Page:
Issue 4: It creates state control of student assessment and evaluation in exempt schools by requiring exempt school student complete the written test using all of the one hundred potential questions listed for the civics portion of the naturalization test by the United States Bureau of Citizenship and Immigration Services as of January 1, 2017.
Current Status 4: Assessment and evaluation of exempt school students is performed in a manner deemed appropriate by the parents or legal guardians (Which may or may not include written assessments.) Many exempt schools employ a variety of assessment and evaluation methods, and some even include standardized achievement testing. While Section 79-1601 does allow for state requested achievement testing, it is to be done solely for the purpose of ensuring the exempt school is offering instruction in the basic skills of language arts, mathematics, science, social studies, and health. The procedure for such a request is outlined in Title 92, Administrative Code, Chapter 13. The outlined procedure does not single out a particular core subject or a particular content area within a given core subject to be targeted for assessment and evaluation.
Issue 5: It creates state control of student performance and achievement standards in exempt schools by requiring students to correctly answer at least seventy percent (70%) of the questions on the specified civics test.
Current Status 5: Exempt school students are not required to meet state performance or achievement standards by virtue of being exempt. Additionally, per Section 79-1601, if and when, achievement test results are requested by the state, those results may only be used as evidence that exempt schools are offering instruction in the basic skills for language arts, mathematics, science, social studies, and health. Section 79-1601 further clarifies that such test results “shall not be used to measure, compare, or evaluate the competency of students at such schools.”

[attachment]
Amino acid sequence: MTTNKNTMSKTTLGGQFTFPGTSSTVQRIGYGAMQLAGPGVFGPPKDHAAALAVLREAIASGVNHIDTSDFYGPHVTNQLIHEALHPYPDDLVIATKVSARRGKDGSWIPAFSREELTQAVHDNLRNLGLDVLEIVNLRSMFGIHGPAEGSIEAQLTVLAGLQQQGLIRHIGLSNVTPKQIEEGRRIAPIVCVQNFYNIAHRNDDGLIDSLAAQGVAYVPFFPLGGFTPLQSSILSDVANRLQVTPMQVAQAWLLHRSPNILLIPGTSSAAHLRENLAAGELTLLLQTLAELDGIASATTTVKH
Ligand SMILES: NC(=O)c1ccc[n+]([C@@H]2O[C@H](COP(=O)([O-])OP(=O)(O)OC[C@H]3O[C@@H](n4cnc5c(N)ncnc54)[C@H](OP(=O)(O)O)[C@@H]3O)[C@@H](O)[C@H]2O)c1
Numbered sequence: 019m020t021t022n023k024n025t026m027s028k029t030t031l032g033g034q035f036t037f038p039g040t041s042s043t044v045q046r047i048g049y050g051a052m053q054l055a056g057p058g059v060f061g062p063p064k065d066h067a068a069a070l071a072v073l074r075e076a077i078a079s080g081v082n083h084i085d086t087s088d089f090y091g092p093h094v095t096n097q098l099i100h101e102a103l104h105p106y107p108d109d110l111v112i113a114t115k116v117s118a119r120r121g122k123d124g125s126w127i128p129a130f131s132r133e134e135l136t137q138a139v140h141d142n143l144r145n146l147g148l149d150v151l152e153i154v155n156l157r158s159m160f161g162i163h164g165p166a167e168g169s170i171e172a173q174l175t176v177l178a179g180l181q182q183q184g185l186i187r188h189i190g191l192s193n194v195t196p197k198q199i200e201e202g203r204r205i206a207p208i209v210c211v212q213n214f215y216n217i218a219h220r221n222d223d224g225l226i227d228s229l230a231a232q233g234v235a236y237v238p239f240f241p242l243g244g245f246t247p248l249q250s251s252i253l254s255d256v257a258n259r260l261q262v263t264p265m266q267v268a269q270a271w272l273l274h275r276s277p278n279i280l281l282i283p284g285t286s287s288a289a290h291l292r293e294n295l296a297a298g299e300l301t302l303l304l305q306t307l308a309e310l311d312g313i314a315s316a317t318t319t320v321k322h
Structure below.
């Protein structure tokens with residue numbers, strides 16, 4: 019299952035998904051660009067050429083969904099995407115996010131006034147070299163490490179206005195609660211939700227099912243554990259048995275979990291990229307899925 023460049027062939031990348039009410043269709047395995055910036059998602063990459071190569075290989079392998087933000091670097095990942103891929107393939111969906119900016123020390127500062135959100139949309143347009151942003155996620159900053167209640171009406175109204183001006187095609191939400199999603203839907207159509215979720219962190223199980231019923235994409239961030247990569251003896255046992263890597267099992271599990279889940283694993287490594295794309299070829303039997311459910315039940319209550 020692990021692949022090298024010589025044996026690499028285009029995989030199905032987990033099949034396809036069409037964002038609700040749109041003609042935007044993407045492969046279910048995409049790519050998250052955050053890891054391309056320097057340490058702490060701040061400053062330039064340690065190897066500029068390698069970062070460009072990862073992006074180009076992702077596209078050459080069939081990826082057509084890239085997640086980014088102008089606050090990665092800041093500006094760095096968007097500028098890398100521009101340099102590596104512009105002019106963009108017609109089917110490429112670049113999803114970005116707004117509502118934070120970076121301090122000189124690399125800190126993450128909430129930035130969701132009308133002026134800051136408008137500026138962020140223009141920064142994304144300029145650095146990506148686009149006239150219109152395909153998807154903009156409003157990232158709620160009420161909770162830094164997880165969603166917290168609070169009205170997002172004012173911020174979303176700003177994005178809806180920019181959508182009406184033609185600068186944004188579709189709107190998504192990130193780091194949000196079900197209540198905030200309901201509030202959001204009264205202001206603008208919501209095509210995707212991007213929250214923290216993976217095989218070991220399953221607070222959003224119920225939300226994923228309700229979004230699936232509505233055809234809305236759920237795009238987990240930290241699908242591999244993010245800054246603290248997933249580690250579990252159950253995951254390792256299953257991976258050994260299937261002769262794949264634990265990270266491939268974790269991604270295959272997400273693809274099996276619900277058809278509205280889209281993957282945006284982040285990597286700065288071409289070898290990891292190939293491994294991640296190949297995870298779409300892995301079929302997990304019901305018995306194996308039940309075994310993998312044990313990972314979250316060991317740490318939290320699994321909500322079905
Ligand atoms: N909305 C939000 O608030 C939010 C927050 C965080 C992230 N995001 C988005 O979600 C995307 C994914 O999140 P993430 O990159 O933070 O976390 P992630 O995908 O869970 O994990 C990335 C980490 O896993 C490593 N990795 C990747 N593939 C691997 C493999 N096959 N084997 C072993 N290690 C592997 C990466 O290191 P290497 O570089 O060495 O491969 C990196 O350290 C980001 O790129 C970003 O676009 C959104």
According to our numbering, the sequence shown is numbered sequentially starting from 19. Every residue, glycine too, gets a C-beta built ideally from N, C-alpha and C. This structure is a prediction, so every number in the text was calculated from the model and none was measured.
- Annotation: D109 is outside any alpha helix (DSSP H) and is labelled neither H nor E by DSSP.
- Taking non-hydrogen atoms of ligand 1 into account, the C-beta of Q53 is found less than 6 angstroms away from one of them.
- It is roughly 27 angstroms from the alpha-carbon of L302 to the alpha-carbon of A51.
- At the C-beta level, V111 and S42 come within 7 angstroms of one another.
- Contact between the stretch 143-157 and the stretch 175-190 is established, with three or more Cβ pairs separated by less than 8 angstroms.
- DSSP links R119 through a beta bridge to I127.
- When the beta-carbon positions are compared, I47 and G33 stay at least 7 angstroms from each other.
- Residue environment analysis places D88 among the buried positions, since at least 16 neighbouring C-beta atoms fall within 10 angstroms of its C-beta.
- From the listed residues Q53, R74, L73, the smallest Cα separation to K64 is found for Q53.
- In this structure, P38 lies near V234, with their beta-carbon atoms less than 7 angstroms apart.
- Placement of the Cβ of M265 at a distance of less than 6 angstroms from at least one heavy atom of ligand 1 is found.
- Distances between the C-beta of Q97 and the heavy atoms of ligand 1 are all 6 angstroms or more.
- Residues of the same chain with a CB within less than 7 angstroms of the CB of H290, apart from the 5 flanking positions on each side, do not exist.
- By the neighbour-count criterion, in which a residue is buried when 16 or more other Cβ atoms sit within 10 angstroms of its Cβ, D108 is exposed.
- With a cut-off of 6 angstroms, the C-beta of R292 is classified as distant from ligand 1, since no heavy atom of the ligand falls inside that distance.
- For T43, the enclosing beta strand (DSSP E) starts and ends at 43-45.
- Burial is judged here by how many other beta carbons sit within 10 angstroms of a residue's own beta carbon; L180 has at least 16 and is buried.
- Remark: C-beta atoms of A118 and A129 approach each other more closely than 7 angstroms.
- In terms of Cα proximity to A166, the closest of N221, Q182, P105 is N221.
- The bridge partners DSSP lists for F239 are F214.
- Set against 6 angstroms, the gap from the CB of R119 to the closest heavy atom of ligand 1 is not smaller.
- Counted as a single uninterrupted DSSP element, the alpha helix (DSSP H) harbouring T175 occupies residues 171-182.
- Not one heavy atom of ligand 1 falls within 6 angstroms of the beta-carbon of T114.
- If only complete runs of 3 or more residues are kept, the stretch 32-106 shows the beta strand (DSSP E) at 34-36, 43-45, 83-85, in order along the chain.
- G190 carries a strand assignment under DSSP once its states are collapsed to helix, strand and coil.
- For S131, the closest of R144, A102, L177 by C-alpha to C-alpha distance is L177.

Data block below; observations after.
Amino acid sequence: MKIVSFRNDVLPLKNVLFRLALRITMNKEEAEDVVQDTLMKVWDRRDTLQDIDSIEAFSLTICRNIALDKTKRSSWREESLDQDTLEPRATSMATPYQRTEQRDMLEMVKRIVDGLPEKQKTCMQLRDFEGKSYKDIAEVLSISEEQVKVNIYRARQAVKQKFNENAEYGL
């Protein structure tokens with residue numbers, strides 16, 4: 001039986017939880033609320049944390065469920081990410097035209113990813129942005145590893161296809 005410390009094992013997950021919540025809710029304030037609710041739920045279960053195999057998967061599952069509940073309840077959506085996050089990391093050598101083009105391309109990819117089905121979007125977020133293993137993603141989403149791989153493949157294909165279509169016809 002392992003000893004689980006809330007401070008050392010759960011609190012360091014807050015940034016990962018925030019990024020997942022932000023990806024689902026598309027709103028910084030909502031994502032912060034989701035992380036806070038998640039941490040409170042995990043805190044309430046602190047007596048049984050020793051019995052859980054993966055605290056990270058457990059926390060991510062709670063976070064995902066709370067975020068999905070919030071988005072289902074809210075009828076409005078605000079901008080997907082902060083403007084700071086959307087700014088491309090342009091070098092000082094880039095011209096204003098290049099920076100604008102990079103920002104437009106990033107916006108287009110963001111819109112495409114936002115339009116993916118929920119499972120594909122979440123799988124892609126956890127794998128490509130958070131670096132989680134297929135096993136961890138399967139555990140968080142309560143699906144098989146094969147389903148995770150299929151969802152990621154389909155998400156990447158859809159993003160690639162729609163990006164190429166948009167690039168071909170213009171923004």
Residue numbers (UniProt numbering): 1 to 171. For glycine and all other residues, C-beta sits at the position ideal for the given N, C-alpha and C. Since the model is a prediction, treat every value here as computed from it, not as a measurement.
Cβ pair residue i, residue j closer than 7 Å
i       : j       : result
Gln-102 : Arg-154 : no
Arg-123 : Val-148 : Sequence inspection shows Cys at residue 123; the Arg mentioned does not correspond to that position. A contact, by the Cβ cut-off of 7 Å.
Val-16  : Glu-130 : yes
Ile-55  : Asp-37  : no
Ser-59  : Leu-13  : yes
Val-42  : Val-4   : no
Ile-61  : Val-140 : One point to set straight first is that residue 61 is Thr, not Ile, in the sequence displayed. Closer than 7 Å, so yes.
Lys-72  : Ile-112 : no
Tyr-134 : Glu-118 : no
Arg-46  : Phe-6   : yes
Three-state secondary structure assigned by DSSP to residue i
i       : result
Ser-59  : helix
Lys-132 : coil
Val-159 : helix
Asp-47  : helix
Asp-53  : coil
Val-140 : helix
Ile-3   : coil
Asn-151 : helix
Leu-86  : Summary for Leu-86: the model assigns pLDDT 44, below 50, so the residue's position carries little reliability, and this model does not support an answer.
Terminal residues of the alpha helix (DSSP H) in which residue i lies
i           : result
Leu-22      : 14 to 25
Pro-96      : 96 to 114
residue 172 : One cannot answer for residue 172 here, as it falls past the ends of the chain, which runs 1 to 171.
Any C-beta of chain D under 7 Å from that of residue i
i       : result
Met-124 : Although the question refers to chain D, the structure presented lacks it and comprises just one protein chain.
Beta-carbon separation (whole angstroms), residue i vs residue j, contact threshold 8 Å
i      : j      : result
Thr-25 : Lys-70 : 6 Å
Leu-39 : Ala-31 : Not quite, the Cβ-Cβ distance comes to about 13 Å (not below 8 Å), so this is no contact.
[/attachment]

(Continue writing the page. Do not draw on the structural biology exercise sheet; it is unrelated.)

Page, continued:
In summary, Nebraska Homeschool strongly opposes any legislation that seeks to knowingly, or unknowingly, strip parents and legal guardians of their right which is acknowledged in Section 79-1601, that is the right to direct the education of their children and be exempt from the requirements for approval and accreditation required by law and the rules and regulations adopted and promulgated by the State Board of Education
What Do You Need to Do?
All homeschool families are encouraged to voice their opinion on LB 155. Please remember to be respectful and concise. Ensure the senators know you position and thank them for their service.
Please call and email members of the Education Committee (see below).
Attend and testify at the Education Committee Hearing on March 20, 2017 @ 1:30 PM (Room 1525 on the 1st Floor of the Capitol). Plan to arrive early to find parking (usually in a garage a few blocks away), allow time to walk a couple blocks to the Capitol, and locate the room and seating. [It's a great civics lesson for the children - up close and personal since it touches their lives]
If you are unable to attend you may submit your written testimony prior to the hearing start time.
If the sponsoring senator is your senator, please contact Senator Brasch and let her know your are a constituent and share your concerns with her.
Senator Lydia Brasch (District 16) (402) 471-2728 firstname.lastname@example.org
Tips on Testifying at a Committee Hearing: http://nebraskalegislature.gov/about/testifying.php
Letters or written communications containing support, opposition or neutral testimony also are accepted by committees during a bill's public hearing. Persons wishing to send written information should address their correspondence to the office of the senator who chairs the committee and ensure that the information arrives before the hearing.
Helpful link "For Citizens" page on the Nebraska Legislature website: http://nebraskalegislature.gov/feature/citizen.php
Sen. Mike Groene, Chairperson (402) 471-2729 email@example.com
Sen. Laura Ebke, (402) 471-2711 firstname.lastname@example.org
Sen. Steve Erdman, (402) 471-2616 email@example.com
Sen. Rick Kolowski (402) 471-2327 firstname.lastname@example.org
Sen. Lou Ann Linehan (402) 471-2885 email@example.com
Sen. Adam Morfeld (402) 471-2720 firstname.lastname@example.org
Sen. Patty Pansing Brooks (402) 471-2633 email@example.com
Sen. Lynne Walz (402) 471-2625 firstname.lastname@example.org